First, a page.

In memoriam Don Hunstein

In memoriam Don Hunstein


norman lebrecht

March 22, 2017

There will be no funeral for the great photographer, at his request. A celebration of his life will be announced soon.

Lebrecht Music&Arts have put out the following obituary:



We are so sad to announce the death of Don Hunstein after a long illness. Lebrecht represented him for many years, and we were always impressed by his humility and gentle approach. Don Hunstein’s iconic photographs have become symbols of an era. In the history of music photography, Don’s work during his 30 years at Columbia records was unsurpassed in its scope and breadth. Through his subtle humour and quiet nature, he was able to record many great moments in rock, jazz and classical music history – the young Bob Dylan starting out on his meteoric career and the famous cover for The Freewheelin’ Bob Dylan, Miles Davis recording Kind of Blue, Johnny Cash performing and at home on his ranch, Willie Nelson, Thelonious Monk at the piano, Billy Joel, Simon and Garfunkel in 1966, Billie Holiday recording in the studio in 1957, Johnny Mathis in 1960, Muhammad Ali recording his I am the Greatest album, to name a few. On the classical side his subjects included Glenn Gould at the piano, Rudolf Serkin, André Previn, Midori, Pablo Casals, Isaac Stern, Leonard Bernstein, the young Yo-Yo Ma, Yehudi Menuhin, Lotte Lenya in the 1950s, Aaron Copland, Philip Glass, Bruno Walter conducting, and Dmitri Shostakovich. His photographs documented a rare era when musicians spent time on their art, rather than their publicity.

On one of Don’s visits to England, he agreed to be interviewed by Norman Lebrecht at our annual summer party. It was a beautiful summer’s evening and we still remember Don’s soft voice describing the performers and musicians he had worked with and how he approached his craft. It is still a very good memory for all of us who were there.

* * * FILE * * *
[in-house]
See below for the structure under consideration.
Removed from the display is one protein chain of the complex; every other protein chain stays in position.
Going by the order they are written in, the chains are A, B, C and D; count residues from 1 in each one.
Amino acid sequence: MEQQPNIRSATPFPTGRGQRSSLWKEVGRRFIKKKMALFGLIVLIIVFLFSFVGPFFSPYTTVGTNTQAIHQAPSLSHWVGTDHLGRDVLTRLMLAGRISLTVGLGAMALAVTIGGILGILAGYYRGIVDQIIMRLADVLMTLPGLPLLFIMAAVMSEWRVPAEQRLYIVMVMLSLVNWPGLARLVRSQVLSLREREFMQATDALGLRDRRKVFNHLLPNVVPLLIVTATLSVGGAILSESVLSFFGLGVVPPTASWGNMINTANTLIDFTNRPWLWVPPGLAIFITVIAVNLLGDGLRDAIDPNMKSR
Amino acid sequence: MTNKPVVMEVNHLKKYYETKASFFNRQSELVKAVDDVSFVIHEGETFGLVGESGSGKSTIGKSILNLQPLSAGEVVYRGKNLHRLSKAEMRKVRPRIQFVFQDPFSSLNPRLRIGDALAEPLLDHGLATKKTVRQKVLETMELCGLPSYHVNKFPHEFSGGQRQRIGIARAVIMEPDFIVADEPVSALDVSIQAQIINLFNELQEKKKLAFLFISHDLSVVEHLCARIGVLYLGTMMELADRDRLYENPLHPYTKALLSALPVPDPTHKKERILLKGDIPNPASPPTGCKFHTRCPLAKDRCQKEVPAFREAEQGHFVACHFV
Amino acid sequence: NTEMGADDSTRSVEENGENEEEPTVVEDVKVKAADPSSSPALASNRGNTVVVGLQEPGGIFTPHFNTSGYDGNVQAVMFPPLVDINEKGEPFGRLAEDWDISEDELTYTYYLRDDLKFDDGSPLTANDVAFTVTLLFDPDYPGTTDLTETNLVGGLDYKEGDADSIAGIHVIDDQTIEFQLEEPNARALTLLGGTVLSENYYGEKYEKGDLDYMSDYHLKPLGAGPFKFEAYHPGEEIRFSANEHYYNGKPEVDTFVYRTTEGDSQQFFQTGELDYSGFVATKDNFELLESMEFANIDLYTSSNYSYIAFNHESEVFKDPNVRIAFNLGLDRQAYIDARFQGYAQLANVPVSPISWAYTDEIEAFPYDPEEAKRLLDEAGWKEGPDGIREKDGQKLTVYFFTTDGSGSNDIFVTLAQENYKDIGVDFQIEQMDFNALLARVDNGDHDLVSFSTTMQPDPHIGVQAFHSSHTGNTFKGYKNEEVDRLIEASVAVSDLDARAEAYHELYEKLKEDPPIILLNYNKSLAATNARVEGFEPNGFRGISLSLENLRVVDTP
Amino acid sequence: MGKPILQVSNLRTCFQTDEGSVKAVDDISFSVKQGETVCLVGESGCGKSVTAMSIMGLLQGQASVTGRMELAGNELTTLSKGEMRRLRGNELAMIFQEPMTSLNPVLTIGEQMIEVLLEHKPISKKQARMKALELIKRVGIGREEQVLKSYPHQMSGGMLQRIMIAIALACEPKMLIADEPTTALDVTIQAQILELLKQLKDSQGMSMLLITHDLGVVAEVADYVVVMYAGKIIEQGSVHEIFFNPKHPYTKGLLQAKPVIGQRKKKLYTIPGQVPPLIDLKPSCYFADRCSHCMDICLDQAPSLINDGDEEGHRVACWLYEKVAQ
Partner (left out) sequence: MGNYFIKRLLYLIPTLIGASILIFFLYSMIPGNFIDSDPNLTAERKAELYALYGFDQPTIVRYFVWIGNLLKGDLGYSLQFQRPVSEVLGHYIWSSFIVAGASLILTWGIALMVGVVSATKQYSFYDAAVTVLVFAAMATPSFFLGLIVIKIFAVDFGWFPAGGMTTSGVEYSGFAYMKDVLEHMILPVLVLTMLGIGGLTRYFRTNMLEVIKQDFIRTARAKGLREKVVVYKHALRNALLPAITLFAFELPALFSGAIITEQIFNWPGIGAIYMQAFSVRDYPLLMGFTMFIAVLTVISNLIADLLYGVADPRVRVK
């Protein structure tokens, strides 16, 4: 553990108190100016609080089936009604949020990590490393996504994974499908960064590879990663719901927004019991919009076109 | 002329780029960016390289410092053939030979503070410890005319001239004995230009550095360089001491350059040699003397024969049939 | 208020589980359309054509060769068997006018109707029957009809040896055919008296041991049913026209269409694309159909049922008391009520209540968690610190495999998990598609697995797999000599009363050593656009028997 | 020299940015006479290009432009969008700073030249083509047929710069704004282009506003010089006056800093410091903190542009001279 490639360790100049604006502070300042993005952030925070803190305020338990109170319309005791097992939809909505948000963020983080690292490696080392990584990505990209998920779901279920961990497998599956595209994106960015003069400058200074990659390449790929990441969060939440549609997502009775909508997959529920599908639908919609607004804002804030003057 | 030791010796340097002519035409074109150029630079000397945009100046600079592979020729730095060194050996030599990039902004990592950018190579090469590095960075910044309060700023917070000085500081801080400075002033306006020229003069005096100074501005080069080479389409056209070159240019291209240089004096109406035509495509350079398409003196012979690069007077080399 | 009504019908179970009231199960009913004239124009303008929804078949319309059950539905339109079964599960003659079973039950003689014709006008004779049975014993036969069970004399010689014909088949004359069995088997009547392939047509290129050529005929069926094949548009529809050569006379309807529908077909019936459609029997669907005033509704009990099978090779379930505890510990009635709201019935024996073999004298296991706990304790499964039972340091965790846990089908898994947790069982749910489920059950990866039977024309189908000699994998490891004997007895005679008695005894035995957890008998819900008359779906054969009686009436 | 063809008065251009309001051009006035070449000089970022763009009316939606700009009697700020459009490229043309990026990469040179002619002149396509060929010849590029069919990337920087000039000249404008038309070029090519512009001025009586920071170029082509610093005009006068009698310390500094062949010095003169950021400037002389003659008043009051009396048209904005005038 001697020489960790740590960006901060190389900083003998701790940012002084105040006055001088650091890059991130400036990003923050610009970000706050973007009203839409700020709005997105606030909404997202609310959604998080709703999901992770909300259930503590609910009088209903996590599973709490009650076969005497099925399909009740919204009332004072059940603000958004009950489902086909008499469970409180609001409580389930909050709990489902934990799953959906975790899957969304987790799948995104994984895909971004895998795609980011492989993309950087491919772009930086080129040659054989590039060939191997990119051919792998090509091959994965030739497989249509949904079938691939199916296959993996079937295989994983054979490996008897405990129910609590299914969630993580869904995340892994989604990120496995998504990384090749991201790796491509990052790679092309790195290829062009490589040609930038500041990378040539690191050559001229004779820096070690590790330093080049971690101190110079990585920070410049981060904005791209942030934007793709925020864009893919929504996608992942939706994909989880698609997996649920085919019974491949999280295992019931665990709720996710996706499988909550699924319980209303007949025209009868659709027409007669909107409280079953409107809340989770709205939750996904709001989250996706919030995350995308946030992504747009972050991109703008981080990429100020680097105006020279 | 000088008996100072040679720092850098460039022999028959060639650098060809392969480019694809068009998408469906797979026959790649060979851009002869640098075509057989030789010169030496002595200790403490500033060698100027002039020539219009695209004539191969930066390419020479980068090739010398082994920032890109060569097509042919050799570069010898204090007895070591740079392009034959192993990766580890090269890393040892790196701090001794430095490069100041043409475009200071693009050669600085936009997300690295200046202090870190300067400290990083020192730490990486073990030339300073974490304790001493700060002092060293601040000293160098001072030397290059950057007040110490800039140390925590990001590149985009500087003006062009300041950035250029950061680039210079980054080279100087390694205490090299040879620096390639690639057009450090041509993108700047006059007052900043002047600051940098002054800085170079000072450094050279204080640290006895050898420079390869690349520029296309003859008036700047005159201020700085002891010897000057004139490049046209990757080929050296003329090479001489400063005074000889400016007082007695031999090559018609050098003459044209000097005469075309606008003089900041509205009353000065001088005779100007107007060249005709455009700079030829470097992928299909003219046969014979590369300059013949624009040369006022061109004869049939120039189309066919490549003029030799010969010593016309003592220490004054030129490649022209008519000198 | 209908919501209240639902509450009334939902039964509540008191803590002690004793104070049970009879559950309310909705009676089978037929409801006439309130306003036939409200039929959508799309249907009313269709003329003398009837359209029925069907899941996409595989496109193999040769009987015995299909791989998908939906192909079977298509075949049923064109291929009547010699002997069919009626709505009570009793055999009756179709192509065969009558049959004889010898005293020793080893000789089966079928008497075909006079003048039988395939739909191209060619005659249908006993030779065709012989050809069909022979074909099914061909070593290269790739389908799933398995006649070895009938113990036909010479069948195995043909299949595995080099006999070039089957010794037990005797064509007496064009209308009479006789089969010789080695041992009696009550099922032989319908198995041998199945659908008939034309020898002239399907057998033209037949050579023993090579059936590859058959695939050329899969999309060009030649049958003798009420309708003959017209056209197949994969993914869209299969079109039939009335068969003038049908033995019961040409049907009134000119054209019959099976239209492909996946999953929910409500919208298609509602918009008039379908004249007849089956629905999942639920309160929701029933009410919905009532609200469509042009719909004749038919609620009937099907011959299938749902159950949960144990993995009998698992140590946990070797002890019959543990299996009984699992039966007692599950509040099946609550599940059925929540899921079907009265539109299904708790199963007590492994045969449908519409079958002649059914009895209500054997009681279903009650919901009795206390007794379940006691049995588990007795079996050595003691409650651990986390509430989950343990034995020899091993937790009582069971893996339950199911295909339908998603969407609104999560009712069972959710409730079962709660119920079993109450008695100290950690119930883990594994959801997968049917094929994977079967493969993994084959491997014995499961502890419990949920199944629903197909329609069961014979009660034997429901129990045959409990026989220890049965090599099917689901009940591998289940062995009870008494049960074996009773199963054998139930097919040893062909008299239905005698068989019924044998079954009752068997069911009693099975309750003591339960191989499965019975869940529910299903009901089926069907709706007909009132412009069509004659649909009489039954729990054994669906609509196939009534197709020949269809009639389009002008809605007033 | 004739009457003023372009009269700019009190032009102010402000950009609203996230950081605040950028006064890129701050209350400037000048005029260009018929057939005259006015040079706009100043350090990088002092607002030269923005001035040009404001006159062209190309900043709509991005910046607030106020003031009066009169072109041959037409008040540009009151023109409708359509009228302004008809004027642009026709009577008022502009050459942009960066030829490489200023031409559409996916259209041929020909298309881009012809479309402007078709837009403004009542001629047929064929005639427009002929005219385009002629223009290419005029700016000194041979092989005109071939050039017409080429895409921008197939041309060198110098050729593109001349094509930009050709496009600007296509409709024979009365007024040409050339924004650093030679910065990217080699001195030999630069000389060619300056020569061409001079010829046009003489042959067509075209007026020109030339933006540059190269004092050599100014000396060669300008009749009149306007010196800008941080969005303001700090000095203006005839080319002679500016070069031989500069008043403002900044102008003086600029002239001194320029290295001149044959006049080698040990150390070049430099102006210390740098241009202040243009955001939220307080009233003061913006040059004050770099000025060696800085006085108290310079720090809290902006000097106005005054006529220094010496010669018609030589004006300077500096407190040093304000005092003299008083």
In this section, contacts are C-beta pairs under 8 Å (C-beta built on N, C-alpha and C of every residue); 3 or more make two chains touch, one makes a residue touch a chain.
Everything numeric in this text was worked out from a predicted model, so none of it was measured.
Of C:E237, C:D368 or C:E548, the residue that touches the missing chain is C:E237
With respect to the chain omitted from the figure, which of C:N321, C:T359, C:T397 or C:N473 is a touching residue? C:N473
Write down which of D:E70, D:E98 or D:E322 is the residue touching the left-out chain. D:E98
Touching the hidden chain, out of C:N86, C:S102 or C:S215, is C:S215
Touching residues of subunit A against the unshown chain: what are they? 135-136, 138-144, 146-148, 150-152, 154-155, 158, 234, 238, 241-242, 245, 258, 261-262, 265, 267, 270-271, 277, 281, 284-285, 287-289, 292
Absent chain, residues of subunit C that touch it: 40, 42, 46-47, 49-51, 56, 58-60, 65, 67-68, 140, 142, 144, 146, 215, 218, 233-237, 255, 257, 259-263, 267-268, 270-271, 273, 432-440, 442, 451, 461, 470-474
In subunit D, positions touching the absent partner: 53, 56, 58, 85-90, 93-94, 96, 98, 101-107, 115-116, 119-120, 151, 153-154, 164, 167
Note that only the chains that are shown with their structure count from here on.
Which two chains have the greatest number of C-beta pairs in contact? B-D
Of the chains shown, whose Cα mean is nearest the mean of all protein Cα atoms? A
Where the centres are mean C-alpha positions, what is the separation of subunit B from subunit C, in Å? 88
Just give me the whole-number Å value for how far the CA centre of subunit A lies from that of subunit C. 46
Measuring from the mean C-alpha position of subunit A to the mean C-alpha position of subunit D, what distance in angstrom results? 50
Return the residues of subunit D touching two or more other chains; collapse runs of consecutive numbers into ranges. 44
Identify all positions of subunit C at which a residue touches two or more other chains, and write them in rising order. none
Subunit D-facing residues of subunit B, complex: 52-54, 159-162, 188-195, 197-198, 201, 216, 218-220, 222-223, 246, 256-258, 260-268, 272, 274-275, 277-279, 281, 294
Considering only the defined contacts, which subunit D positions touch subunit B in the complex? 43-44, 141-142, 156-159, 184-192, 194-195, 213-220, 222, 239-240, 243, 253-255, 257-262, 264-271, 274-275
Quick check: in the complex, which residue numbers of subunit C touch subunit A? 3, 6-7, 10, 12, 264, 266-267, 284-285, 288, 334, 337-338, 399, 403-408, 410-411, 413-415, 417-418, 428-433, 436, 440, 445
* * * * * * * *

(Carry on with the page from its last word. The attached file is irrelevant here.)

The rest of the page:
Don Hunstein grew up in St. Louis, MO and attended Washington University, graduating in 1950 with a degree in English. After college he enlisted in the US Air Force and was stationed in Fairford, England, and assigned a desk job. It was this assignment that allowed him to travel around Europe. He began photographing casually, taking pictures to send home to his family, and then with the help of a Leica M3, and inspired by a book of Henri Cartier Bresson’s work, his hobby began to take him on a lifelong path. After a year in Fairford, Don was transferred to a base outside of London. There he joined a local camera club and took evening classes at London’s Central School of Art and Design, becoming influenced by the artists and designers he met there.

He returned to the States in 1954, ending up in New York City, where he eventually landed an apprenticeship in a commercial photography studio. There he honed his photography skills by mastering large format cameras and lighting. At the time, photography was, as Don put it, “not a glamorous profession,” but he didn’t have a pull in any other vocational direction and it satisfied his creative side. As chance connections were made, he soon met and became mentored by Deborah Ishlon, who worked in the publicity department at Columbia Records. She offered him a job helping her run the photo library there and supplying prints to the press. As he began to take his own photos for the company, they recognized his talent, and he gradually worked his way into the position of Director of Photography for CBS Records.

Don’s most notable role was as chief staff photographer for Columbia Records during the heyday of rock and roll, jazz and classical music. Fortunately for Don, this was a time when the company was under the direction of Goddard Lieberson, who thought it important to document in photographs the cultural history of the music of their time. He had the opportunity to do far more than album covers and publicity shots, covering recording sessions and even visiting performers on their home turf. Don had the ability to listen with his camera. Instinctively he understood that to capture artists at their best moments, patience, trust and humility were needed. This ability to set both newcomers and experienced stars at ease in his presence is evident in his photographs.

We send our condolences to his family.

1928 – 18 March 2017


  • Christopher Stager says:

    My God, the albums by which we know him. What a magnificent eye.

  • Philip Moores says:

    Such sad news. A wonderful photographer. I am so proud to have some signed photos of his of the great Glenn Gould.